I've loved you since I was five years old but I think it's time I face the fact that our relationship is largely unrequited. I know that you have a lot of other lovers and I've always tried to be open about our relationship. For a long time, it didn't matter to me as long as we were together, but frankly, I'm sick of being so neglected. Things just aren't the same between us anymore and I think we need to take a break. Especially since there seems to be something nice developing between me and your brother, Film.The fallout with theater has been going on for a while. Last year, I broke my record for least amount of support: I didn't get a single yes for any of the grants, residencies, or programs that I applied for. And I was already terribly burned out by doggedly trying to continue producing things despite the worst case of poverty I've endured my whole life, being evicted from my apartment, and the crashing end of a ten-year relationship. I pondered what Robert Patrick once said to me about quitting theater when it stopped being fun, which I used to think was so very sad, but finding myself at a new wrist-cutting low in stamina and self-esteem, I basically thought at the beginning of this year, Screw this elitist shit.
I did attempt to attend a sold-out reading; salt was added to my wounds when I was turned away despite knowing half a dozen people involved in it. And I went to one promenade theater piece that was eh. And somehow despite thinking I would take a break, I ended up working on three full productions this year. But last night was the first night that felt like I was stepping back into my old relationship with theater.
I was lured into going to a reading by Nancy Robillard, who directed a staged reading of SINCE AFRICA by Mia McCullough at Take Two, the double bill of theater and film that I produced for five years. She was directing another staged reading of the play for Red Fern with pretty much the same cast, plus Mia (who lives in Chicago) was in New York City. So I went with a bit of trepidation, but it was a really good reading and I said hello to everyone and was pleased that I had introduced Nancy to this brilliant play and it was getting another go-around in New York City.
Then this morning, I woke up remembering a vivid dream. Haven't had one since the last time I wrote about (not) dreaming.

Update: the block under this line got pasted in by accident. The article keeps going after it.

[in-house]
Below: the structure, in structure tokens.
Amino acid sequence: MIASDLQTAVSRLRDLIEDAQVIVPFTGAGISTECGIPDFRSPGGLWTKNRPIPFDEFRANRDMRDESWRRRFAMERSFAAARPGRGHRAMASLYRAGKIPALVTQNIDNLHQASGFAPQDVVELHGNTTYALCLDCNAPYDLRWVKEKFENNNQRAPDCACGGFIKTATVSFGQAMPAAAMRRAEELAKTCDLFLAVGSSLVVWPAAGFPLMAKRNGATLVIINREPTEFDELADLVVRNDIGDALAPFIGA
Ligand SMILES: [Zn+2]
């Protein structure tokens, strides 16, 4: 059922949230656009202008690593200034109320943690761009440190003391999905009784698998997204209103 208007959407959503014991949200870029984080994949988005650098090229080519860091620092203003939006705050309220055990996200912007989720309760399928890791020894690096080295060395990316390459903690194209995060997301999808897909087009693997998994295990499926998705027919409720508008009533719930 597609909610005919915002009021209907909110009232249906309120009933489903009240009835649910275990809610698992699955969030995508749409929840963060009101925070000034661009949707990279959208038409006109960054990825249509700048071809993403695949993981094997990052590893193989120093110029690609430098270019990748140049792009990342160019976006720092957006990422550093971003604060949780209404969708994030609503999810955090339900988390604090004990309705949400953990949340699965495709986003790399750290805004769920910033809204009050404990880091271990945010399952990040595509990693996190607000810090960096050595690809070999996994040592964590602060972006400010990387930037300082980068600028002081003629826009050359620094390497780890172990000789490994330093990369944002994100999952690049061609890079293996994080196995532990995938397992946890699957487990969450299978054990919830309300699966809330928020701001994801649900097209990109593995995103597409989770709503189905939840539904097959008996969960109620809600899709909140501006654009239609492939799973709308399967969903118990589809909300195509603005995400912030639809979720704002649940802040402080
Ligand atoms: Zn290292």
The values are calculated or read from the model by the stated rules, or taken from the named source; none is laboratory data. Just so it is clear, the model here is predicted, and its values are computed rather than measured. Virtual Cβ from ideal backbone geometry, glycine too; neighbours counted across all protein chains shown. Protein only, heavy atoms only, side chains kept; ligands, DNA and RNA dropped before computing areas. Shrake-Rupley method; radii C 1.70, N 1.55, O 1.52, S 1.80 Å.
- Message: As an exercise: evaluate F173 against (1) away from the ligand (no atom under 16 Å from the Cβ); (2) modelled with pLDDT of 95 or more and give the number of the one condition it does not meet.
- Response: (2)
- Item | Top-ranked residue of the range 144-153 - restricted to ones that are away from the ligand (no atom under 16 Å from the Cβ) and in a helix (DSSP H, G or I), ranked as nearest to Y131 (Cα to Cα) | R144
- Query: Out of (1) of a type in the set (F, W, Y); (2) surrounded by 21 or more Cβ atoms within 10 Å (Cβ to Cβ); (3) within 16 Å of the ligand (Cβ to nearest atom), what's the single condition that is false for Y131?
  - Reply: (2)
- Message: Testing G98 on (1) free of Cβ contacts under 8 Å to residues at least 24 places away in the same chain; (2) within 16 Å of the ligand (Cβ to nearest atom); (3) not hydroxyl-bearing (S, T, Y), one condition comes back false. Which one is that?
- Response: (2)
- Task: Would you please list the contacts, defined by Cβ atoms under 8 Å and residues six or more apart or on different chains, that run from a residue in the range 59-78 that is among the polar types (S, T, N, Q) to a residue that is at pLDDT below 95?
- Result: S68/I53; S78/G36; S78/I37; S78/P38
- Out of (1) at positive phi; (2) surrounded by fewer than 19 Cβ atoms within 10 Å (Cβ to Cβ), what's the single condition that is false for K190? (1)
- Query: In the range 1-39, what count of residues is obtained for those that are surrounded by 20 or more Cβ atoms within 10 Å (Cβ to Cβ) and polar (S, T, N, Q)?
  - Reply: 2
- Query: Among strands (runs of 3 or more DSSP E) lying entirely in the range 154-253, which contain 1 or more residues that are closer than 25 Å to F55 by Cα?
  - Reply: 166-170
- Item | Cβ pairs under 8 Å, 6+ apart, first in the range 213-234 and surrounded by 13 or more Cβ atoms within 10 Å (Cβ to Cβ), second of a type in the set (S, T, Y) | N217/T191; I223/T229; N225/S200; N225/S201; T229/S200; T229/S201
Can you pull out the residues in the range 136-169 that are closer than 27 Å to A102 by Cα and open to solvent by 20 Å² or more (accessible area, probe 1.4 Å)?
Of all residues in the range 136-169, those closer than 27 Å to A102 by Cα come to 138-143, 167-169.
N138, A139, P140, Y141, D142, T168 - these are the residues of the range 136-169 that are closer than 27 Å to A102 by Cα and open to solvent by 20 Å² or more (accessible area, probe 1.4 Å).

I was in the basement of Theater for the New City, the way it looked back in the 1980s when I was a teenager and lived down there. I sat down and my cat, Isis Crisis, jumped into my lap. She looked emaciated and her white fur was matted and dull. I was rather aghast - not because she was DEAD - but because I realized that I had left her down in the basement 15 years ago and forgotten to feed her. I ran outside to buy some cat food and then went back down to the basement, but now I couldn't find her although I called and called.I woke up and couldn't get back to sleep, still rather mortified that I had forgotten to feed Isis when I loved her so much. Turning the dream around fretfully in my mind, I fell back asleep and had an even weirder dream.
There was a huge escalator with hundreds of people slowly going down in a neat orderly line. Next to the escalator was a giant wavy slide that looked much more exciting. So I elected to go down on the slide, which at first was really fun. I laughed and threw my hands up in the air. But then the slide became a tunnel that narrowed to the point where I began to feel uncomfortably claustrophobic. A recorded voice informed me that I was in a tube going to an area where I would either be baked in a pie or deboned. I suddenly remembered that I had been here before and had somehow managed to get myself out. Two buttons appeared in front of me. One said PIE; the other said DEBONING. I remembered that the last time, I had pressed PIE and belatedly realized that the buttons were mislabeled when I was attacked with a set of knives. I had to kick and scream to get out of the machine - though I was hazy on all the details on how I had managed to survive. This time, I carefully managed to choose PIE. A big pie pan appeared that said LAY HERE with a picture of someone curled up like they were in Child Pose in yoga. I obeyed, wondering if I could stand being baked for an hour in a pie and how on earth I was going to escape.Apparently according to my subconscious, which seems to have a weird sense of humor, the fate of an artist is to be deboned or served in a pie. But now I'm forgetting to feed the kitty in the basement. Guess I better crack open a nice can of tuna...